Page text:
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What’s eating B2B SaaS is not AI 

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On Thursday, SalesForce (CRM) released weaker than expected earnings, resulting in the biggest 1-day decline in the stock since 2004. It was the latest in a string of disappointing earnings this season across the board from B2B SaaS companies. 

This reporting quarter almost the entire B2B SaaS industry reduced guidance or disappointed investor expectations, including Asana (ASAN), Atlassian (TEAM), DataDog (DDOG),, Snowflake (SNOW), Twilio (TWLO), and Workday (WDAY). 

Year-to-date performance of B2B SaaS Credit: Koyfin

The culprits behind B2B SaaS woes

“Software is eating the world”, declared venture capitalist Marc Andreessen in a 2011 op-ed article for The Wall Street Journal. What came next was a long wave of Software-as-a-Service startups that crushed big box software incumbents, leading to some of the most successful IPOs of the last business cycle. 

Recently however, there has been increasing speculation that large language models (LLMs) are a threat to the entire Software ecosystem. In an aptly named short essay titled “The End of Software”, venture capitalist Chris Paik of Pace Capital contends that can significantly lower the cost of software development and maintenance, leading to a proliferation of new, agile software solutions that could replace traditional SaaS models. 

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Paik argues this shift may result in a fundamental rethinking of how software is built, sold, and consumed, potentially rendering existing B2B SaaS business models obsolete as the market transitions to AI agents. He goes so far as to say “Majoring in computer science today will be like majoring in journalism in the late 90’s”. 

There is little doubt that the likes of GPT and Github’s Copilot are already proving useful to software engineers. However, Paik and others on the “AI eats everything” bandwagon are probably underestimating the difficulty of the task. In a world where LLMs are struggling with basic math, reasoning, and hallucinations, it certainly seems far-fetched. 

In a thread on X, Deedy Das, a venture capitalist at Menlo Ventures, offered a more circumspect view, writing “I think too many people trivialize all the things a good SWE actually has to do. AI might increase productivity, automate a bunch of tasks, but assisting [to the point of full automation] is a huge leap of faith.”

Das goes on to say that software job growth is slowing due to multiple factors, including overhiring, and ironically, the efficiencies created by software. But, says Das, the cause is definitely not  “AI is taking over software”. 

Diffusion of AI benefits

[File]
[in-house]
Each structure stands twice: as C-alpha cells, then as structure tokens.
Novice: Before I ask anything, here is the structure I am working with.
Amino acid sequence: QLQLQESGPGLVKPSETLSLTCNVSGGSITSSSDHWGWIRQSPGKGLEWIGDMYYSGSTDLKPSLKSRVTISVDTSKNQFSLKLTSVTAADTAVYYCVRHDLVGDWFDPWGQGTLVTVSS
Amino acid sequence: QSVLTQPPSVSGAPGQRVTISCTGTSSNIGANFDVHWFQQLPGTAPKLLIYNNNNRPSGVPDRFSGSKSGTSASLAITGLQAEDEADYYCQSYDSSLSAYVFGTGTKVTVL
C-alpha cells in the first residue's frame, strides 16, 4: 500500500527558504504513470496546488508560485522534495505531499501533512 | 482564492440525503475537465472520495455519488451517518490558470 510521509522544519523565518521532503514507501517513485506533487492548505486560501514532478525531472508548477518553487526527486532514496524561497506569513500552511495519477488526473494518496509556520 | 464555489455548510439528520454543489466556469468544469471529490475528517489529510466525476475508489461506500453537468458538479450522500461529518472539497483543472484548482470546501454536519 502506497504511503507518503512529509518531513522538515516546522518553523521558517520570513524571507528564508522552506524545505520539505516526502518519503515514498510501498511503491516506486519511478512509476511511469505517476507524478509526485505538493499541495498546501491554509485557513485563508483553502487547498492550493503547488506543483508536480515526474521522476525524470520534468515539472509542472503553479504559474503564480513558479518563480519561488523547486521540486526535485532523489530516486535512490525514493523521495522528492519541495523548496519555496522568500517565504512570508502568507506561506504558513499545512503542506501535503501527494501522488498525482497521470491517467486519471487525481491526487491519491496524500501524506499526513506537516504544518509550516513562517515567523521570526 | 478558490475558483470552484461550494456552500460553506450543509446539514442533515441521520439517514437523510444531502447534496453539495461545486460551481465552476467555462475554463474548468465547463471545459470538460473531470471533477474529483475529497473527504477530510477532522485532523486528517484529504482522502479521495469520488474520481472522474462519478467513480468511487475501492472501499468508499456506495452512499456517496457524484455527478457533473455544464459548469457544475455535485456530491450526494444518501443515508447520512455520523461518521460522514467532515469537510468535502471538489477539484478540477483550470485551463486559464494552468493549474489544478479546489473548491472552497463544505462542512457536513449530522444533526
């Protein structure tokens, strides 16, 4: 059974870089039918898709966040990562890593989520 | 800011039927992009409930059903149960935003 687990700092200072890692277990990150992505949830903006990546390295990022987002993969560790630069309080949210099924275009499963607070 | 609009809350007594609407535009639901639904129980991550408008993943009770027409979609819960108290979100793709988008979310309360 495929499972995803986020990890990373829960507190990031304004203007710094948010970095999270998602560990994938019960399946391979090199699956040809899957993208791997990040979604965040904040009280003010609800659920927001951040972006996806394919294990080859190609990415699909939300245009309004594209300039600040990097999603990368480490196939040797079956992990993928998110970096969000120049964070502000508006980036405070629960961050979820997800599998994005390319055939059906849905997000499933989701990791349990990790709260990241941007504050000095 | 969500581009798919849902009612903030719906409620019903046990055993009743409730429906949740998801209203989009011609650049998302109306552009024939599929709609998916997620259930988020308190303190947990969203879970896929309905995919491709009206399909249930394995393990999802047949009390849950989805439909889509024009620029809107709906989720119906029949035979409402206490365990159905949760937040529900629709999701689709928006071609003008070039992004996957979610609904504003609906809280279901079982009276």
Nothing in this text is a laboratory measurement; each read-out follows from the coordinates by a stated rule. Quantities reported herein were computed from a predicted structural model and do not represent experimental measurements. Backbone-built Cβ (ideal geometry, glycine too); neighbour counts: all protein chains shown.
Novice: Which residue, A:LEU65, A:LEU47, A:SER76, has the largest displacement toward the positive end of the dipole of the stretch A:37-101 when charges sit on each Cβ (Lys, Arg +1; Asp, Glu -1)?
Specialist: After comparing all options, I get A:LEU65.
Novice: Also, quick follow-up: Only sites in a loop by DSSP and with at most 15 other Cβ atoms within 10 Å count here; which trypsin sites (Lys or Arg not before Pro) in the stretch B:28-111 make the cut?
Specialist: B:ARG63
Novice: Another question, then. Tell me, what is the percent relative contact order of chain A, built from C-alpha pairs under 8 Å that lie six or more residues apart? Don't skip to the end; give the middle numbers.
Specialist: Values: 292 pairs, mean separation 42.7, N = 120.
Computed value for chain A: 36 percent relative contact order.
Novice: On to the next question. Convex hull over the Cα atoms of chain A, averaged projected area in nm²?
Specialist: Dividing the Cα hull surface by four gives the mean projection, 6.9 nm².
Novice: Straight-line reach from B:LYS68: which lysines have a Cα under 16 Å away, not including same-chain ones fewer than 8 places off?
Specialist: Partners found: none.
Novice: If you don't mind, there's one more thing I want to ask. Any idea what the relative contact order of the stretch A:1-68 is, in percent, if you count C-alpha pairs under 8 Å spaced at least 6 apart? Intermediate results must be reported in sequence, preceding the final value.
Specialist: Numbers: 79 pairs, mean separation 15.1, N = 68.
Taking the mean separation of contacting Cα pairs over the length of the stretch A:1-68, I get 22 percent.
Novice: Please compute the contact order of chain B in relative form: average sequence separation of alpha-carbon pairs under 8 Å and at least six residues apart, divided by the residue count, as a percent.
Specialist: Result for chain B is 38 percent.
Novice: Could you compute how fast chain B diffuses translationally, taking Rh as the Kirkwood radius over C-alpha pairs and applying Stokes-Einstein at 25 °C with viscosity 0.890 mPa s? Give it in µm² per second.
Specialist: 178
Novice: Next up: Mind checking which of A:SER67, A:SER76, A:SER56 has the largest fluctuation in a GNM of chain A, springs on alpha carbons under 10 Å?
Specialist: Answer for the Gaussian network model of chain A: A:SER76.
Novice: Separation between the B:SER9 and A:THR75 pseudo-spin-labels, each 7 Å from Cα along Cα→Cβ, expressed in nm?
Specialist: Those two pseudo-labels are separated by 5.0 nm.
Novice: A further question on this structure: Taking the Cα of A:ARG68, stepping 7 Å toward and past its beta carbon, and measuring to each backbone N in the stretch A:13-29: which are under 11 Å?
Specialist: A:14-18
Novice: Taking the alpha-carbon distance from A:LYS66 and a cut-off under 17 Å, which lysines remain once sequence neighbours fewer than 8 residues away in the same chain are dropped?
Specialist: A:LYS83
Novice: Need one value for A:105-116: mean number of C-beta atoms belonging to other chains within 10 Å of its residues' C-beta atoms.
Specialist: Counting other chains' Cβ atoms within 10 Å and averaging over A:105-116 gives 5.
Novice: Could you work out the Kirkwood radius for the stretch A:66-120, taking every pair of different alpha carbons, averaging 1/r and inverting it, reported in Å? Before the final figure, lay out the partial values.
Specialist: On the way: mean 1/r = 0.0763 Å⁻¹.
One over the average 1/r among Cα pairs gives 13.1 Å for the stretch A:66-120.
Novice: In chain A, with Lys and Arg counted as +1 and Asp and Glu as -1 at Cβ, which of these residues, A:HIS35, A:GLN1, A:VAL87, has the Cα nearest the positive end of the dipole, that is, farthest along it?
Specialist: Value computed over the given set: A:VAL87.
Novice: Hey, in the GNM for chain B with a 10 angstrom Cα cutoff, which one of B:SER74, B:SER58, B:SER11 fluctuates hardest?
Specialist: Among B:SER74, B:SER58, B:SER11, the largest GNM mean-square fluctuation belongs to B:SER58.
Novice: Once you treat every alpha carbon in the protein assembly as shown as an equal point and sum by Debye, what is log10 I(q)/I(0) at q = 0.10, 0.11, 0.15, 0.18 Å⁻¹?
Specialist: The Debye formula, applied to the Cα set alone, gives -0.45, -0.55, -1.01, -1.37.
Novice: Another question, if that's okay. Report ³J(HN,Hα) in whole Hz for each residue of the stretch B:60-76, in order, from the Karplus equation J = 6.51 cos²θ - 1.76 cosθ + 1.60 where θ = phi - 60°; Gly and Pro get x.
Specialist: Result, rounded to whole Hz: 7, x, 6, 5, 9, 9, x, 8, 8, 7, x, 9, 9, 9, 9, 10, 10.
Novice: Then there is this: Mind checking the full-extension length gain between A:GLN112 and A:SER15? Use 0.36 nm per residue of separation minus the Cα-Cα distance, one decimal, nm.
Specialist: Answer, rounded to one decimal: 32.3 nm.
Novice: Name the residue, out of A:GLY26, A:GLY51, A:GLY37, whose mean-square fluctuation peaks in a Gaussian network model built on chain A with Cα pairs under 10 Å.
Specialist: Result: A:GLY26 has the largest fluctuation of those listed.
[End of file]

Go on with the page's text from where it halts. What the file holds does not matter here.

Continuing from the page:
One of the core promises of technology innovation is the benefits accrue to everyone as adoption increases. Software and SaaS companies who adopt and integrate AI quickest will be the first to reap the gains, leading them to create features that are even more valuable to their customers. 

In fact, we can already see this split emerging in the market, where nimble and niche-focused B2B SaaS companies are thriving even in the face of broader declines in the industry. Companies like Appfolio (APPF), AppLovin (APP), Q2 Holdings (QTWO), and Zeta (ZETA)  are starting to split off from the pack as their earnings accelerate.

As the more mature SaaS companies integrate and deploy AI, and more importantly as they monetize it, they could see a return to higher growth. 

Software’s problems are more mundane right now

As Deedy Das suggested, the explanation for the recent decline in B2B SaaS revenues and earnings growth is more mundane. Companies over-hired during COVID and have been laying off high cost workers. According to tracking web site, companies laid off 263,180 tech workers in 2023, followed by another 89,193 so far in 2024. 

Most SaaS is priced by the seat. Given there is a direct correlation between the workforce reduction and revenues, this easily equates to billions of dollars in lost recurring revenues across the industry. Indeed, one of the main benefits touted by SaaS companies was this ability to scale up and down as needed without commitment. 

Further, as macroeconomic conditions are putting pressure on companies to reduce costs, these SaaS bills are finally getting a lot of scrutiny. Some CIO surveys have suggested that up to 30% of SaaS spending could be waste. 

Meanwhile, the unemployment rate in California and Washington continue to rise, even as job postings for technical roles continue to decline from their peak in 2022. This suggests that, absent a sharp increase in economic growth and hiring, the SaaS industry will likely not return to growth in the near term.

Important Disclosure: The author is an active trader and investor and owns securities in some of the companies mentioned herein. This article is for informational purposes only and does not constitute investment advice. Facts and figures cited may contain errors and should not be relied upon for making investment decisions. Trading and investing carry the risk of financial loss. Always consult with a professional before making any investment decision.

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